Prenuptial Agreements Attorneys in Livermore, California
Prenuptial agreements have unfairly earned a reputation for being harbingers of anticipated marital failure that leaves one spouse with all the assets and the other spouse destitute. This poor reputation is unfortunate. Marital agreements, when created properly, can provide protection for both spouses and make a divorce down the road — if it happens — less complicated to negotiate.
It is no surprise that given the fact that about half of all marriages end in divorce, a couple may want to have a plan if it happens to them. A solid prenuptial agreement won’t hasten the end of a union but may reveal each person’s priorities prior to the marriage and offer comfort in knowing what will happen if they end up in the divorced 50%.
The key to eliminating the misunderstood nature of marital agreements and the anxiety that often accompanies them is knowledge. At Crumpley & Crumpley PC, we are dedicated to helping our clients understand the benefits of prenuptial agreements and how to negotiate one in their best interests. If you want to learn more about them, we can help. We serve clients in Livermore, California, as well as Walnut Creek, Danville, Pleasanton, Dublin, San Ramon, Hayward, Castro Valley, and Alameda and Contra Costa counties.
What Should a Prenuptial Agreement Cover?
Prenuptial and postnuptial agreements are marital agreements that address many issues. Signing a prenuptial agreement occurs before a couple’s wedding, and a postnuptial agreement is signed after they have been wed.
A prenuptial agreement states each spouse’s rights and responsibilities during the marriage and expresses how their assets, debts, and other property will be divided should they divorce or how they’ll be distributed as part of their estate plans. The agreement should protect each individual’s rights to separate and community property, distribute debts and liabilities fairly and could provide for the ongoing support of the less wealthy spouse after divorce in the form of alimony.
Some prenuptial agreements may have contingencies based on each party’s behavior during the marriage. They may also set forth what happens to separate property and inheritance should one spouse die during the marriage. For example, a spouse who started a business prior to the marriage may pass the business to a child from a previous marriage rather than to the current spouse.
A couple may not include a child custody or child support agreement in the prenuptial agreement. A prenuptial agreement is a contract between the spouses. Child support and custody are the child’s rights and neither the child nor the court are parties to that agreement.
Marital agreements may be modified at any time, so long as both spouses agree to the revisions and sign a written agreement acknowledging acceptance.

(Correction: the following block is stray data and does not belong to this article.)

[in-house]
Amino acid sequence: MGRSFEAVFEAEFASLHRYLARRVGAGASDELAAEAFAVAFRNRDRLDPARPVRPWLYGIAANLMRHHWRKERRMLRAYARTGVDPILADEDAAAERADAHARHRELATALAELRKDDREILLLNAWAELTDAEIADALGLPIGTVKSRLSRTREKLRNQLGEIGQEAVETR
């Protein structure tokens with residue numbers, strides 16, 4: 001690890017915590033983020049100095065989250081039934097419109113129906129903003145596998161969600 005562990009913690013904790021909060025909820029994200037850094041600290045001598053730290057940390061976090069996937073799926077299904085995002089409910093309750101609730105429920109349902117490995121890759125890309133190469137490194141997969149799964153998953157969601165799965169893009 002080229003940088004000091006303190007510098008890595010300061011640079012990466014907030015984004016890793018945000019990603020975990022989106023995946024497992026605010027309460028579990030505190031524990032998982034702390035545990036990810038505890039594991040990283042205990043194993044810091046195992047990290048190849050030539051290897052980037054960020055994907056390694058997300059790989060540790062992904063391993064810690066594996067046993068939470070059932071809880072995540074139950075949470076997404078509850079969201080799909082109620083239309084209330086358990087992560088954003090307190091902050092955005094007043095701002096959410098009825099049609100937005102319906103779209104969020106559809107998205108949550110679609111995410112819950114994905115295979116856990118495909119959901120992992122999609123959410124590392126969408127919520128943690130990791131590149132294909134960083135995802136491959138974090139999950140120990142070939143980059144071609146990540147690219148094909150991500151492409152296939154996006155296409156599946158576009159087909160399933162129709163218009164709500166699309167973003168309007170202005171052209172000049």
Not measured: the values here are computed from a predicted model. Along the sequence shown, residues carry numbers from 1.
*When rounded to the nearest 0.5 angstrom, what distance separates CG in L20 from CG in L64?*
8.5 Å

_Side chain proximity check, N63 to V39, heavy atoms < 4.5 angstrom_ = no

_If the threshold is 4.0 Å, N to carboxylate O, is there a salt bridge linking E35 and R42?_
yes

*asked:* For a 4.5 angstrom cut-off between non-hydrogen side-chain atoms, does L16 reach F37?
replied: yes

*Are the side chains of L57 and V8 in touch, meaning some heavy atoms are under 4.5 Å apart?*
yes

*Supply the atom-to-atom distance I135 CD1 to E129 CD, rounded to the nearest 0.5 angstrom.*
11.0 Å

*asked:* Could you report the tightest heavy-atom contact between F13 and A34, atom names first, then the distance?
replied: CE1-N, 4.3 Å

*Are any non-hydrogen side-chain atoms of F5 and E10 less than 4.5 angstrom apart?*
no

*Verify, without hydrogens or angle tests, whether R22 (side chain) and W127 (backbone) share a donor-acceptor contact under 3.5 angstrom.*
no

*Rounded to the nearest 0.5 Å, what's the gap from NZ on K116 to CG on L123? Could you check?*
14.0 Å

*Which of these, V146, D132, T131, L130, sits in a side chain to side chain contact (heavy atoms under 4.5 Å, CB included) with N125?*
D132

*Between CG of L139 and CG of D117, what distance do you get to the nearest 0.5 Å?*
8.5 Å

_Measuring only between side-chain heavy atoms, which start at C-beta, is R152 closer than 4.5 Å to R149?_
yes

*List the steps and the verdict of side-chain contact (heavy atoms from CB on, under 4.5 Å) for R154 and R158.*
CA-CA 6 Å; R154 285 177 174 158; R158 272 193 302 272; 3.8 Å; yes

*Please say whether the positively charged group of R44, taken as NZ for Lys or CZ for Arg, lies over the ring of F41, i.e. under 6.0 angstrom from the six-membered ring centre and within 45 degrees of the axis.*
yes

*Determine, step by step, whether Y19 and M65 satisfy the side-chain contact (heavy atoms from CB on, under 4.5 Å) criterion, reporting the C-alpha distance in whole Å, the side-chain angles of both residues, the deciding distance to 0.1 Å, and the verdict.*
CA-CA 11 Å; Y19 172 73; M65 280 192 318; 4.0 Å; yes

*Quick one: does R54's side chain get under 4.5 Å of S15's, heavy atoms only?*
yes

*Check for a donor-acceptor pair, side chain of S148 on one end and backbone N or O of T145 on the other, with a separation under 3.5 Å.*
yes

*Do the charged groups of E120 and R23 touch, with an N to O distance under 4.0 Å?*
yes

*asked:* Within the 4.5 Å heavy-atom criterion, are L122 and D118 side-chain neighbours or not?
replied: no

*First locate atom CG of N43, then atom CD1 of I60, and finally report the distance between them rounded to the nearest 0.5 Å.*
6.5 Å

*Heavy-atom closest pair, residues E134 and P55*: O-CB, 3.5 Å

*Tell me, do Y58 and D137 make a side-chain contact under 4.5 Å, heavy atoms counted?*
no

Who Should Sign a Prenuptial Agreement?
Prenuptial agreements may be useful legal instruments for many reasons, including:
They can protect the assets and wealth accumulated by a party prior to the marriage;
They can provide ongoing support for the less-wealthy party should the marriage end;
They can assign responsibility for the repayment of debts to the party who incurred it prior to marriage;
They can assign assets to heirs from relationships prior to the marriage; and,
They can facilitate discussion and disclosure of all assets and debts of each party prior to the marriage.
The point of a prenuptial agreement should not be to punish the spouse with less wealth. Rather, the point should be to protect the interests and the futures of both spouses should the marriage end in divorce. So long as the agreement accomplishes this, both parties should be willing to sign a prenuptial agreement.
Why Are Marital Agreements Important?
The benefits of a prenuptial agreement depend on how it is written and the content therein. In general, they can:
Establish clear and specific boundaries before a couple enters the marriage which should relieve some of the pressure of marriage and divorce;
Provide the opportunity for open and honest conversations about financial priorities, commitment to the marriage, and goals personal to each spouse; and,
Protect both spouses should the agreement be necessary.
Are Prenuptial Agreements Enforceable in California?
Prenuptial agreements are enforceable in California, so long as they comply with the Uniform Premarital Agreement Act. The Act standardizes enforceability among those states which have adopted it. A prenuptial agreement that will not stand up in court is useless, so work with a family law attorney experienced in crafting them.
In general, these agreements are enforceable if:
They are in writing and signed by both parties, each being of age and having the mental capacity to enter into such an agreement, without duress, fraud, or coercion;
Each party has sufficient opportunity to have their own attorney review the agreement and counsel them prior to signing it;
The agreement is reasonably fair to both parties;
The couple actually does wed after signing the agreement, rendering it in effect; and,
Both parties fully disclosed all assets and liabilities so the agreement reflects an honest and accurate accounting of them.
Prenuptial Agreements Attorneys Serving Livermore, California
When considering a prenuptial agreement, make sure your best interests are protected by retaining your own family law attorney to monitor disclosure, participate in the drafting of the agreement, and review it fully before you sign. At Crumpley & Crumpley PC, we value nothing more than protecting our clients in Livermore, California, and surrounding communities. Call Crumpley & Crumpley PC now to schedule a consultation. We are ready to help protect you and your future.